Rental Market Update

Rental Market Update

If you have been a property investor for longer than the last five years, then our reports on the market probably seem a little alarmist. There are swings and roundabouts in every market and good times don’t last forever but then neither do hard times either.  The rental market, probably more so than the sales market, is far more seasonal in its behaviour. December is a horrid time to try and lease out a property and February and March see our highest demand.

Cyclical variations in the rental market tend to follow the changes in interest rates with falling interest rates washing through to lower rents. Right now, interest rates are the lowest I can remember and the tsunami wave of new property hitting the market has changed the renting atmosphere. To appreciate how much things have changed, we need to look at some key statistics: these come from SQM research for postcode 2112 which includes Ryde, Denistone East and Putney. The numbers are drawn from property advertised on the internet. To give you a more long-term view I’m comparing November 2019 with November 2010.

 Real rent growth is negative

  Nov 2010 Nov 2019 Rent Inflation Sydney Inflation
Average asking rent of a house $558 p/w $636 p/w 14% 17.4%
Average asking rent of a unit $355 p/w $477 p/w 34% 17.4%

In 9 years, rents haven’t moved much at all. For houses, if you consider inflation, they have gone backwards. And with units, the figures are skewed. Predominately in 2010, the average unit on the market for rent was an older build. In 2019 the properties for lease had a far greater proportion of newly built units with far higher rents.  If we could compare like for like, with the same mix of property, in 2010 and 2019, unit rents would not have increased any more than houses.

In nine years, the Ryde are has gone from being one of the highest in demand rental markets to one of the most oversupplied. There are now more than 8 times the number of properties looking for tenants as there were back in 2010. Our area has been hit so badly by this increase in rental property that REA ( say that Ryde and our surrounding area is the 76th least sought-after area in Australia. Parramatta is the worst at 79th. This ranking is based on the number of properties for lease on their website as compared to the number of ‘for lease’ searches for that area. We still have people looking for rental property, just not as many proportionally to other areas.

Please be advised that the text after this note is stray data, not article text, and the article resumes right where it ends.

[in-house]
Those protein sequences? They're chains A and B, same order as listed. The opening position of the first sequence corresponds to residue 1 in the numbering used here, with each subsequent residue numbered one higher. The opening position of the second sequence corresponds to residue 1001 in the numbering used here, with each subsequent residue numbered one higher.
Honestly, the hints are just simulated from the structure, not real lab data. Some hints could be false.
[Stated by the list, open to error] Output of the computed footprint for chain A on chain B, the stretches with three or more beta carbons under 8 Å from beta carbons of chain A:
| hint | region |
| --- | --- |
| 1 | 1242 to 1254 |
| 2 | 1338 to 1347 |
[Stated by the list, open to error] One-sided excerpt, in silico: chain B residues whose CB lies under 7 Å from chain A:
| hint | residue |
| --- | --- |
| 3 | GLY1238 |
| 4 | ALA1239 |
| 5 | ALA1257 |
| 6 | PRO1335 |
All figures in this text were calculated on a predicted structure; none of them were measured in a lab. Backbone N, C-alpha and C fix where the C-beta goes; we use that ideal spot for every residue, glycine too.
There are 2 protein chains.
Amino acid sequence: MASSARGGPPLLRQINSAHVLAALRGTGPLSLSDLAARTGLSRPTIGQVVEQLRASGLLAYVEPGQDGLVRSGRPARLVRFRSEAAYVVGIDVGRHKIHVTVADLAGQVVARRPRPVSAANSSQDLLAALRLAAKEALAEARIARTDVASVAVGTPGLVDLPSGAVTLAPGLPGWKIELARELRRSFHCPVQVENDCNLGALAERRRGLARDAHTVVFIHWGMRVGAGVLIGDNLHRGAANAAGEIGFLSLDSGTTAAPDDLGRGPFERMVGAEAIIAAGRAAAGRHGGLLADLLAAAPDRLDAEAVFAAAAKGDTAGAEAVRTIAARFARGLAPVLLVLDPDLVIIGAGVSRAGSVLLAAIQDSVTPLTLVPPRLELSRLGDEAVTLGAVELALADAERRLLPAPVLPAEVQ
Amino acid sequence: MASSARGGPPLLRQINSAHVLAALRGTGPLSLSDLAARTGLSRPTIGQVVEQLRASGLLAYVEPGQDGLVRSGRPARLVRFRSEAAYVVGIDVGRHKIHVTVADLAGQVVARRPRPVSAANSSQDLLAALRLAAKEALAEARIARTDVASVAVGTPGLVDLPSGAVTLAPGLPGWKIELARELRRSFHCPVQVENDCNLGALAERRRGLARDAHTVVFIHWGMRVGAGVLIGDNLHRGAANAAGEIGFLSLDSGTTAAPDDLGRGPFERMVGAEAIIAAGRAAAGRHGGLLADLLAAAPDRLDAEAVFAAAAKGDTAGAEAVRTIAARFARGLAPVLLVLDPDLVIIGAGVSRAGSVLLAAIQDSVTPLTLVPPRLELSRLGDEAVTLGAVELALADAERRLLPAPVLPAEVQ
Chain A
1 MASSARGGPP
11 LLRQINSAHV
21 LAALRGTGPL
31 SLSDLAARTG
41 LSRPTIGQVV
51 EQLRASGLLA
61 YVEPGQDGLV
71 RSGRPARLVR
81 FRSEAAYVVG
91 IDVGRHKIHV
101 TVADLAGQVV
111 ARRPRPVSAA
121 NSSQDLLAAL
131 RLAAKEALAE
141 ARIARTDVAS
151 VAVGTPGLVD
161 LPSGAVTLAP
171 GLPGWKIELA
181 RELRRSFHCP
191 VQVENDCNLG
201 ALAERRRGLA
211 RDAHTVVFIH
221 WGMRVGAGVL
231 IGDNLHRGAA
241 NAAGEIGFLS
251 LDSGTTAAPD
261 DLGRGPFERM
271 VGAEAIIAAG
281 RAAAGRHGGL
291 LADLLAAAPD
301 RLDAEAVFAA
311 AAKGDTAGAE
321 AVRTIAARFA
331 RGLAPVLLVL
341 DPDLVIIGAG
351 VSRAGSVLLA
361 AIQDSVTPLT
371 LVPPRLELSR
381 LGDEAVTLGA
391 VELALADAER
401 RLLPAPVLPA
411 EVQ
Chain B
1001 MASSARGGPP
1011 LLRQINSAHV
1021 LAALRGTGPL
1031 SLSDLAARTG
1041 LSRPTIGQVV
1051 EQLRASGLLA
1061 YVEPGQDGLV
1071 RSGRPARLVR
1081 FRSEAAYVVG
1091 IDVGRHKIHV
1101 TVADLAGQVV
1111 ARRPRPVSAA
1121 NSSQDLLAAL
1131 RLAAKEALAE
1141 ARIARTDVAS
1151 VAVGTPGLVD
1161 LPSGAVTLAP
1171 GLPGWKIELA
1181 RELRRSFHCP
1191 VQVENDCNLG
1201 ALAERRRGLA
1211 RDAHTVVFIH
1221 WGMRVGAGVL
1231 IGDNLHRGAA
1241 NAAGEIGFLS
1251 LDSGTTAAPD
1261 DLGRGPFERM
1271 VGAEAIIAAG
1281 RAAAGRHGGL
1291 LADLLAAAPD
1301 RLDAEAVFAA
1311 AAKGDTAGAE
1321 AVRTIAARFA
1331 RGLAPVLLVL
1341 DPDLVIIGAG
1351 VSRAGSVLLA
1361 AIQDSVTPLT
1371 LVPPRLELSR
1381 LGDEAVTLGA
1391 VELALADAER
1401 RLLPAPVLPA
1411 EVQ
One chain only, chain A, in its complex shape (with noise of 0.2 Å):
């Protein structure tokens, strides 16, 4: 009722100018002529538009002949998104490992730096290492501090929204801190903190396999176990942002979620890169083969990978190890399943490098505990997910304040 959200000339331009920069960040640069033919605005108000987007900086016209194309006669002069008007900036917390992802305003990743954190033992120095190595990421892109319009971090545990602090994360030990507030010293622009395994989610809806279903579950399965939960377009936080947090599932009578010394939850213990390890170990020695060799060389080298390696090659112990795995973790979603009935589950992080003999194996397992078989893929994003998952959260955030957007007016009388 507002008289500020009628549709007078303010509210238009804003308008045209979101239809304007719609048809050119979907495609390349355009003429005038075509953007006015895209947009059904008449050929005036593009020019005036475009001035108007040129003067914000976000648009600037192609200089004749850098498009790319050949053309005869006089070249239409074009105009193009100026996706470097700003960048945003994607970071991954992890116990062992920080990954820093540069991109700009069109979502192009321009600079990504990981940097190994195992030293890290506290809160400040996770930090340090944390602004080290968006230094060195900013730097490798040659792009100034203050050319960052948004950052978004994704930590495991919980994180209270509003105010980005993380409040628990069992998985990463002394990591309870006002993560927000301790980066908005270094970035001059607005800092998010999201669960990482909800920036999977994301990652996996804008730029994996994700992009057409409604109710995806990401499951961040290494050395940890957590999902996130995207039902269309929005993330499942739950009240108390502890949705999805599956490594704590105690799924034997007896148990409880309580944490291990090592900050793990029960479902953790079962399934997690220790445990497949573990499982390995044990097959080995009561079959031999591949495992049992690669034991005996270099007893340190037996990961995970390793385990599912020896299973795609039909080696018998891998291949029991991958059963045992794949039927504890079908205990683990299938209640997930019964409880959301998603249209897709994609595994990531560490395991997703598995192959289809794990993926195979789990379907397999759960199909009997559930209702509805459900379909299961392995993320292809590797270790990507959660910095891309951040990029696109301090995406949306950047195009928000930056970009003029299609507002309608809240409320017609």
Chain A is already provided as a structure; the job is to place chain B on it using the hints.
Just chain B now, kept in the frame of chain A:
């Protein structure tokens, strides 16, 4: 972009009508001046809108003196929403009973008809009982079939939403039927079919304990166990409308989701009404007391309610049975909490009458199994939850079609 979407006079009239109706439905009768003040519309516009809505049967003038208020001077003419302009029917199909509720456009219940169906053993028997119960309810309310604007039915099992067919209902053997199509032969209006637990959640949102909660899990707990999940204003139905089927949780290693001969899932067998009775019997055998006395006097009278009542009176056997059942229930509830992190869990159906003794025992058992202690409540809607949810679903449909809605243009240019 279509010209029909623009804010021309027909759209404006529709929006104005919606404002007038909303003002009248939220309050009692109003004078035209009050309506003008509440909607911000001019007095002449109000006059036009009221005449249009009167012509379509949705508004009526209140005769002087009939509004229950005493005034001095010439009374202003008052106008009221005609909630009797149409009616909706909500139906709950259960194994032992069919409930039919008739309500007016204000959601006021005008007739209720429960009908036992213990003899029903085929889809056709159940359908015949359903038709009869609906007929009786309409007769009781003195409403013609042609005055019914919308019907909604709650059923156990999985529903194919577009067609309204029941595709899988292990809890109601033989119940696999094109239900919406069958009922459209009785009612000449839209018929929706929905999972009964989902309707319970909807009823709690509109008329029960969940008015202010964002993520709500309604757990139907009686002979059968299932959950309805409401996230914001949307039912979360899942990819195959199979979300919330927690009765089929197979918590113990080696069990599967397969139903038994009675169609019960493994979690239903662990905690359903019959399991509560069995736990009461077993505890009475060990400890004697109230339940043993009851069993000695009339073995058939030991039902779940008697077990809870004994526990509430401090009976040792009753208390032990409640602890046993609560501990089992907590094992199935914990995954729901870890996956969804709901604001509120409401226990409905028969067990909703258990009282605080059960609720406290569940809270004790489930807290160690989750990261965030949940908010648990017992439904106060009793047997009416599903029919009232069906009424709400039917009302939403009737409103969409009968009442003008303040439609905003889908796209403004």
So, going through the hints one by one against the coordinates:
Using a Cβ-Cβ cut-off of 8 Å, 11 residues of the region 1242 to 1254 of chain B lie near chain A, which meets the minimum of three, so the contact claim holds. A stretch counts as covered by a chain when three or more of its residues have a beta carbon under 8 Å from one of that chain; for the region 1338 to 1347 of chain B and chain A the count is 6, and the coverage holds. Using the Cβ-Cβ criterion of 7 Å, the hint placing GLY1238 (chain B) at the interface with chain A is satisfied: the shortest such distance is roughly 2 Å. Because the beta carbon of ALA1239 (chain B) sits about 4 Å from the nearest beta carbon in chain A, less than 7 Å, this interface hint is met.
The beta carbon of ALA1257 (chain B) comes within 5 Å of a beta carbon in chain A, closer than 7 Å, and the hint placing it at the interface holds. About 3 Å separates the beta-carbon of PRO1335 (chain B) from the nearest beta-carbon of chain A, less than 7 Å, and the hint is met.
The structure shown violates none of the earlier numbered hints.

How tenants search and select

I don’t have information on how tenants used to look for property ten years ago, at least not in a way I can compare to right now. Again, REA has been doing research. These figures relate to the Ryde and surrounding area.

How many properties:

In a potential tenant’s search – 60+

Does a potential tenant inspect – Average – 4

Do they apply for -Average – 2

And even though a tenant applies for only 2, 90% are offered both properties they apply for. And again, according to research, 90% take their first choice. The second application is submitted because they want a backup, not because both properties are equal in appeal.

Tenants are inspecting only 1 in 15 properties available to be viewed. This result is a new world. Landlords have worked on the idea that if it were on the internet, a prospective tenant would inspect it because ‘that’s what I would do’.  With the greatest respect, unless you have been a tenant recently, this is a very different world to the one you once knew.


These statistics come from SQM research again for postcode 2112

  Nov 2010 Nov 2019 Increase
No of Vacant rental properties 34 276 8.1 times as many
Percentage of rental property vacant 1.1% 4.5% 4.1 times as much

Now, these figures aren’t published but rather calculated from the above. They are rough figures but indicative.

  Nov 2010 Nov 2019 Increase
No of rental properties in 2112 3100 6100  Double


It is going to take a while for the market to absorb this vacancy and oversupply and return to stability. told us that they had tracked similar market statistics across other capital cities. They suggest the Brisbane market had a similar building boom several years ago and it took well over two years for the oversupply to be absorbed once building stopped.

We will have to see If they are right, it may mean that for the next 2-3 years owners might best approach this market as one they ride out rather than fight.

If your property is currently rented, focus on

  • Keeping good tenants
  • Consider improving the property with your tenants in place (we are doing a lot of this, and it is keeping tenants in place)
  • Accept a lower rent if a good tenant asks for a rent reduction (we are seeing smaller rent reductions being negotiated than would be the case if the property were to come vacant)

If the property is coming up for rent, focus on

  • Getting the property’s presentation right first before you market
  • Market the property as well as or better than at least 90% of your competition
  • Make your priority a great tenant who will stay rather than a great rent that won’t

This market isn’t going to be permanent. The best strategy is to think long term.